“If you live an organic lifestyle, you can do a full shop here,” White says.

Open Nature, which launched under Safeway in 2011, is also expanding. The natural and free-from line, which extends across food and non-food categories, was redesigned in 2018 with a new logo and larger callouts to emphasize its high-quality ingredients and minimally processed stature. White expects Open Nature, which features more than 500 products, to soon be Albertsons’ fifth $1 billion store brand after Signature SELECT, Signature Café, Lucerne and O Organics.

Cota, who spent 38 years at Safeway and whom White calls the “heart of our team,” helped launched O Organics and Open Nature while at Safeway and has played a big part in their expansion. Cota, who has worked in private brands for 20 years, says “now” is the most exciting time she has spent in the sector because Albertsons has transformed into an innovator of private brands and is no longer just a supplier of national brand equivalent products.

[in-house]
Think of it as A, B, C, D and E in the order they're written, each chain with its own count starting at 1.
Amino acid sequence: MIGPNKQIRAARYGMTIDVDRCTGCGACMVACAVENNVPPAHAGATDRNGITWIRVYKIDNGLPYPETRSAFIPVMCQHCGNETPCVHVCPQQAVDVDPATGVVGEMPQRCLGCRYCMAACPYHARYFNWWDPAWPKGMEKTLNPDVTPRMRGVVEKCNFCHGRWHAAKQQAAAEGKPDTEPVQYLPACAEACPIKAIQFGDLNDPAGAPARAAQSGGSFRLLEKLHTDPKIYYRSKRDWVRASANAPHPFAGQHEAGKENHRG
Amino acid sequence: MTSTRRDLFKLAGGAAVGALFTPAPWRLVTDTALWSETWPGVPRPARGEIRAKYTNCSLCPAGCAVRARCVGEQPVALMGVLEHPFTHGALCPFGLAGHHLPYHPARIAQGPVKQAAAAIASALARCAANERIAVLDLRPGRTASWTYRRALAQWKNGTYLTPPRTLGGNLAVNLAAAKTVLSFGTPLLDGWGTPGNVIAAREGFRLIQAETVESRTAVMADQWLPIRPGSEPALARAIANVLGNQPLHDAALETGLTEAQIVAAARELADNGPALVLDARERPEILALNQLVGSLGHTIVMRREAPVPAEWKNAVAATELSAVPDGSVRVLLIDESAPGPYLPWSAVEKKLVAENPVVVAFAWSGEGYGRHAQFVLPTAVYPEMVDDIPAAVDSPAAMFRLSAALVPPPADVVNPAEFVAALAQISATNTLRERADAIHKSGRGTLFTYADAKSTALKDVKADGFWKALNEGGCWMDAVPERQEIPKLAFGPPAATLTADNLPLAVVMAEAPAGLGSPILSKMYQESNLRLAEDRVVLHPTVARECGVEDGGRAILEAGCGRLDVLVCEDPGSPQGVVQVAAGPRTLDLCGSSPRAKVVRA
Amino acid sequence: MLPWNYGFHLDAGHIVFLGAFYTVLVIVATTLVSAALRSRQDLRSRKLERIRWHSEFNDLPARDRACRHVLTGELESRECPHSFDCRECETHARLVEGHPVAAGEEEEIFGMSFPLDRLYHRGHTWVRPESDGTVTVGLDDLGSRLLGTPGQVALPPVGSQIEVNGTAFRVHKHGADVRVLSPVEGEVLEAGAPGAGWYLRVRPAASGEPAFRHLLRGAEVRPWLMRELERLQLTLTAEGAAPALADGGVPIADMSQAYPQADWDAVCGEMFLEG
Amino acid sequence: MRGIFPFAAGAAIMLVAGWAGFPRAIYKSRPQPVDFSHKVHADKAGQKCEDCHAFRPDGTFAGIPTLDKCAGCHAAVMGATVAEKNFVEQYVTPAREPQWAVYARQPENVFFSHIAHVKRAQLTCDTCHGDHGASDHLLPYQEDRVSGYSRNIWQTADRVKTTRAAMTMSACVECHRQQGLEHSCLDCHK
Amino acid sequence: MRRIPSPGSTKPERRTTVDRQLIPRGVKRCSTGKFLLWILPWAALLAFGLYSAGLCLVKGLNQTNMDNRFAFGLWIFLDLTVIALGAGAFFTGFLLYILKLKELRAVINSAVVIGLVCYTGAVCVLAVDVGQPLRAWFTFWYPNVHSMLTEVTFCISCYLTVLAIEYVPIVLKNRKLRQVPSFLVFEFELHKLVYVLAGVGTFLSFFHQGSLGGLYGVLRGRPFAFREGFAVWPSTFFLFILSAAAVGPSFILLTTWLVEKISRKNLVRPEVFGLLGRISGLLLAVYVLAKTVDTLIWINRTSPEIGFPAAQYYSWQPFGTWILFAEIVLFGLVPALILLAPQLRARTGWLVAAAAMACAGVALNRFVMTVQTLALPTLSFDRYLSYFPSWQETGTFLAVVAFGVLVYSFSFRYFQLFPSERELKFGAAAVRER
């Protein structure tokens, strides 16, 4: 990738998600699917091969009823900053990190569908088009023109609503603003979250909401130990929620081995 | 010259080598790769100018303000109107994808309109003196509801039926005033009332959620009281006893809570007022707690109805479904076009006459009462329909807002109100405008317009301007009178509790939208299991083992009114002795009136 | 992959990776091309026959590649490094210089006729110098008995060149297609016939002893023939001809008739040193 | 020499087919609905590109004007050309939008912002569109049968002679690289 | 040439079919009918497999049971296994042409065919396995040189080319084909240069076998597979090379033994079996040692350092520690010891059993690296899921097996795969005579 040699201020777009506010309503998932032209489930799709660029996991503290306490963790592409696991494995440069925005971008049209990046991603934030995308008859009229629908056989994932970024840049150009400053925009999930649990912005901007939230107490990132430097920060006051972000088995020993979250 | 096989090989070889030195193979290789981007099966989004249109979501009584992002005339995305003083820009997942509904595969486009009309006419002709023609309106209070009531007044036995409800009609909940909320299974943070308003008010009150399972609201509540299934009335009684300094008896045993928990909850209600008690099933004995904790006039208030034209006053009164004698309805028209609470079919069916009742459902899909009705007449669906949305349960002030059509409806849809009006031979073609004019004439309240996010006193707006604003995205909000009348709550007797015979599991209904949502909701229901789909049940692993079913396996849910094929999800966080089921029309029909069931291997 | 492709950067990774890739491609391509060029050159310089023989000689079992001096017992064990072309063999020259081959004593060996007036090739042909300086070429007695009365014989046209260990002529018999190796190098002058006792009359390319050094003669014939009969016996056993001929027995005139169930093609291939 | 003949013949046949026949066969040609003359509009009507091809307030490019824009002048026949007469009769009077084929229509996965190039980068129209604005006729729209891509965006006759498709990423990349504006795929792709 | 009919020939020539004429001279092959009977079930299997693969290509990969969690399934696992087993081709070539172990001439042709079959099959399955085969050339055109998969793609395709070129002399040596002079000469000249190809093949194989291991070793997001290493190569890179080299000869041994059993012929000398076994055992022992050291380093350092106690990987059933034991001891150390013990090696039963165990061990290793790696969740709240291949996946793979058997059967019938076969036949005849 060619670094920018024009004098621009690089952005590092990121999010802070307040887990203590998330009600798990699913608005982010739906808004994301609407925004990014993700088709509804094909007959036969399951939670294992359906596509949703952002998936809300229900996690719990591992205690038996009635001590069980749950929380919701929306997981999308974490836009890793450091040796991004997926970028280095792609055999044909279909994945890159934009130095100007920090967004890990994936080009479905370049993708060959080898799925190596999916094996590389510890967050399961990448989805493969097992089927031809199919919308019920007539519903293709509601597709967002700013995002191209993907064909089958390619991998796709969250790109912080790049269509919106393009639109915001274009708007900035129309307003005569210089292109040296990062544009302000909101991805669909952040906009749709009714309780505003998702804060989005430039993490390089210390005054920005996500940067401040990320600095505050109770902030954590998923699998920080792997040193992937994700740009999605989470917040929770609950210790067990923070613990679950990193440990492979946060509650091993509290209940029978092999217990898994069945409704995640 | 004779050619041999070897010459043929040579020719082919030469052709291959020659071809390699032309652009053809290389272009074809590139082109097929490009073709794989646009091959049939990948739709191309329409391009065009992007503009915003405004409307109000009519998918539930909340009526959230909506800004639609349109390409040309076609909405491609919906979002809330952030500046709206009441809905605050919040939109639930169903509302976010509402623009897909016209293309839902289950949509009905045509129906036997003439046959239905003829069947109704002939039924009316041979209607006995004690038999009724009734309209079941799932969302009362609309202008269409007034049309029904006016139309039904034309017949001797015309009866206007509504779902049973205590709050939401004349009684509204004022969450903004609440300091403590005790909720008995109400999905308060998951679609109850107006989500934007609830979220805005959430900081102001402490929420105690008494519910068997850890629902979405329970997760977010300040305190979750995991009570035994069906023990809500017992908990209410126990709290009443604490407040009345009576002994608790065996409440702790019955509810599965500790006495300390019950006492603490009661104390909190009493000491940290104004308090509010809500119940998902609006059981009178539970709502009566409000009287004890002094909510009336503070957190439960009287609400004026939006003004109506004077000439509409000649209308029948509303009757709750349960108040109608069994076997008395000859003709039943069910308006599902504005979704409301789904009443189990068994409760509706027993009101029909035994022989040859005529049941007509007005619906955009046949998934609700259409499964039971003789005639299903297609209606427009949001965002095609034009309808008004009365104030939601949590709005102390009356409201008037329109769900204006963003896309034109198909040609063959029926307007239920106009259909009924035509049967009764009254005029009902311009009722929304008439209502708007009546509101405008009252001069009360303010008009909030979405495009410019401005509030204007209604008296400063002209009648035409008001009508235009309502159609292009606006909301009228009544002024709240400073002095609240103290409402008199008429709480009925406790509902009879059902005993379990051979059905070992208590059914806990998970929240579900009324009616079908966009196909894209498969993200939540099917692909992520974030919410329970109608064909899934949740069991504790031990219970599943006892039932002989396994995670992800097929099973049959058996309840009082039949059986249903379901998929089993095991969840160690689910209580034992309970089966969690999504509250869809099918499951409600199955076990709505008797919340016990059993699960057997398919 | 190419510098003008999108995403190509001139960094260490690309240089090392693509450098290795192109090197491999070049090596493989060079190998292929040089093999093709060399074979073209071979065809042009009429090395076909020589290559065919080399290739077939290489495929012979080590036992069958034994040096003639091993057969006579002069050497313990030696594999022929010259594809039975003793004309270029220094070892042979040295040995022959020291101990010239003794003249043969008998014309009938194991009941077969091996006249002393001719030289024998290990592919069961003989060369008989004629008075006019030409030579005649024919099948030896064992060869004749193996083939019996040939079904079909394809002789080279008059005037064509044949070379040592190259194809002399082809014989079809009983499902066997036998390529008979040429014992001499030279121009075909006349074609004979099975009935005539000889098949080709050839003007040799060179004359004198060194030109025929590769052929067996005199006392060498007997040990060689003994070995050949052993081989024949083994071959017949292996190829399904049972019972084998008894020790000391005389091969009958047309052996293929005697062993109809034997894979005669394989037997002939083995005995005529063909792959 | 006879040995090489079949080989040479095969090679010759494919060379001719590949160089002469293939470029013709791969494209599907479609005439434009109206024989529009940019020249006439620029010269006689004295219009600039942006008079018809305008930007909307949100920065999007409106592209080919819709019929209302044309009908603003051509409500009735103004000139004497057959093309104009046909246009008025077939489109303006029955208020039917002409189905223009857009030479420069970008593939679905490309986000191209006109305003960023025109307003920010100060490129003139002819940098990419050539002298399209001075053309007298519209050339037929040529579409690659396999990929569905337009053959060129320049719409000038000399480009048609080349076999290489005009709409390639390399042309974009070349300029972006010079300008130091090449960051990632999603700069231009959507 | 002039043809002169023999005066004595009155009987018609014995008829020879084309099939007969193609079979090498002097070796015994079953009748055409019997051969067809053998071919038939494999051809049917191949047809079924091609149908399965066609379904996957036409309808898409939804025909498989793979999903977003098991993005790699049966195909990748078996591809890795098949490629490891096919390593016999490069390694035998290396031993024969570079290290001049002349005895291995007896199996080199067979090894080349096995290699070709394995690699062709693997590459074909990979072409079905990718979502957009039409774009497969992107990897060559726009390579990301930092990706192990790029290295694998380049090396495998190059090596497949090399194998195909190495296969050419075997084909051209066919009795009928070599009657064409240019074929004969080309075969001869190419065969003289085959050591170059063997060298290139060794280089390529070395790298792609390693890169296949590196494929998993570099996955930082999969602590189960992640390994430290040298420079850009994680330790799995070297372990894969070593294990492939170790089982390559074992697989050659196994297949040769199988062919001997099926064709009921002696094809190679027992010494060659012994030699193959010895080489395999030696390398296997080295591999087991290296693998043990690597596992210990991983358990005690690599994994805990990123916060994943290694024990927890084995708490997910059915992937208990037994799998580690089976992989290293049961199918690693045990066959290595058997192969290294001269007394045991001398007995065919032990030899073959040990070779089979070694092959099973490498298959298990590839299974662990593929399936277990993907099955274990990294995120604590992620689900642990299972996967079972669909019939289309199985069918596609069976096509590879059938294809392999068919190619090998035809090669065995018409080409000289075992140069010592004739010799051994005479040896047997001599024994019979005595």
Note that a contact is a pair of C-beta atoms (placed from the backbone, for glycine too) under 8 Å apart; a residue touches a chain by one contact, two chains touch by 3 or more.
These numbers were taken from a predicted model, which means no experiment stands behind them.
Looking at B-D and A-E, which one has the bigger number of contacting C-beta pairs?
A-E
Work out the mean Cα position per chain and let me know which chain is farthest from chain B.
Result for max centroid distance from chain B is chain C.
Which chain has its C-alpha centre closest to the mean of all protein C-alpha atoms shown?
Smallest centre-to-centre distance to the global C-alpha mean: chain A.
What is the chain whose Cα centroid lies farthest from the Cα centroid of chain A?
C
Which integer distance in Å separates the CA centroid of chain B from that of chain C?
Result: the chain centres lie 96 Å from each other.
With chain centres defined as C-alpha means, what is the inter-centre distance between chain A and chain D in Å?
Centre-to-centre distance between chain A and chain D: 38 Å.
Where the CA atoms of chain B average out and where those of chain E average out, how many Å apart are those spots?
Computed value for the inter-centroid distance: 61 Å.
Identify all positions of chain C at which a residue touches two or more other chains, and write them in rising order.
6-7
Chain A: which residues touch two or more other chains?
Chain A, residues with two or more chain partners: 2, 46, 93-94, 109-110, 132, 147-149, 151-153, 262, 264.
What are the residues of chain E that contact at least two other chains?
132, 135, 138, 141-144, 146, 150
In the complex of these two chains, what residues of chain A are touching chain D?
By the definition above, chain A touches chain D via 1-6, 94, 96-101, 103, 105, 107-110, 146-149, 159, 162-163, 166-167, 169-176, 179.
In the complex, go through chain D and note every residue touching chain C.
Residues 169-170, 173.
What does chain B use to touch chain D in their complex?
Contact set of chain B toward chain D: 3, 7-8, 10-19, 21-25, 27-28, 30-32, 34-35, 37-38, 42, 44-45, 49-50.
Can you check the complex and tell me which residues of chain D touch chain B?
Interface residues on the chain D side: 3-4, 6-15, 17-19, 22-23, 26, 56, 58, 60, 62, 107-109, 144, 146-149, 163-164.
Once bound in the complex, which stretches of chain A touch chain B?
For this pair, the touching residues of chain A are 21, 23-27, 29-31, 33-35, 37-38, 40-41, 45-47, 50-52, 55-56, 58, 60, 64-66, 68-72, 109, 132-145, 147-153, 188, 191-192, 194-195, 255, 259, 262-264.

“Our store brands have become a pillar of our organization,” she adds.

Albertsons’ innovation is especially evident in its new Signature RESERVE brand, which debuted last February as an addition to the retailer’s Signature line. Signature RESERVE, hailed as an “ultra-premium” line, features ice creams, coffee, pasta sauces, loose-leaf tea and other products, all dressed in upscale and elegant packaging. Products in the line also offer exclusivity. It’s safe to say that consumers can’t purchase Signature RESERVE Brazilian guava cheesecake ice cream or Signature RESERVE made-in-Italy tomato, porcini and black truffle pasta sauce from another retailer.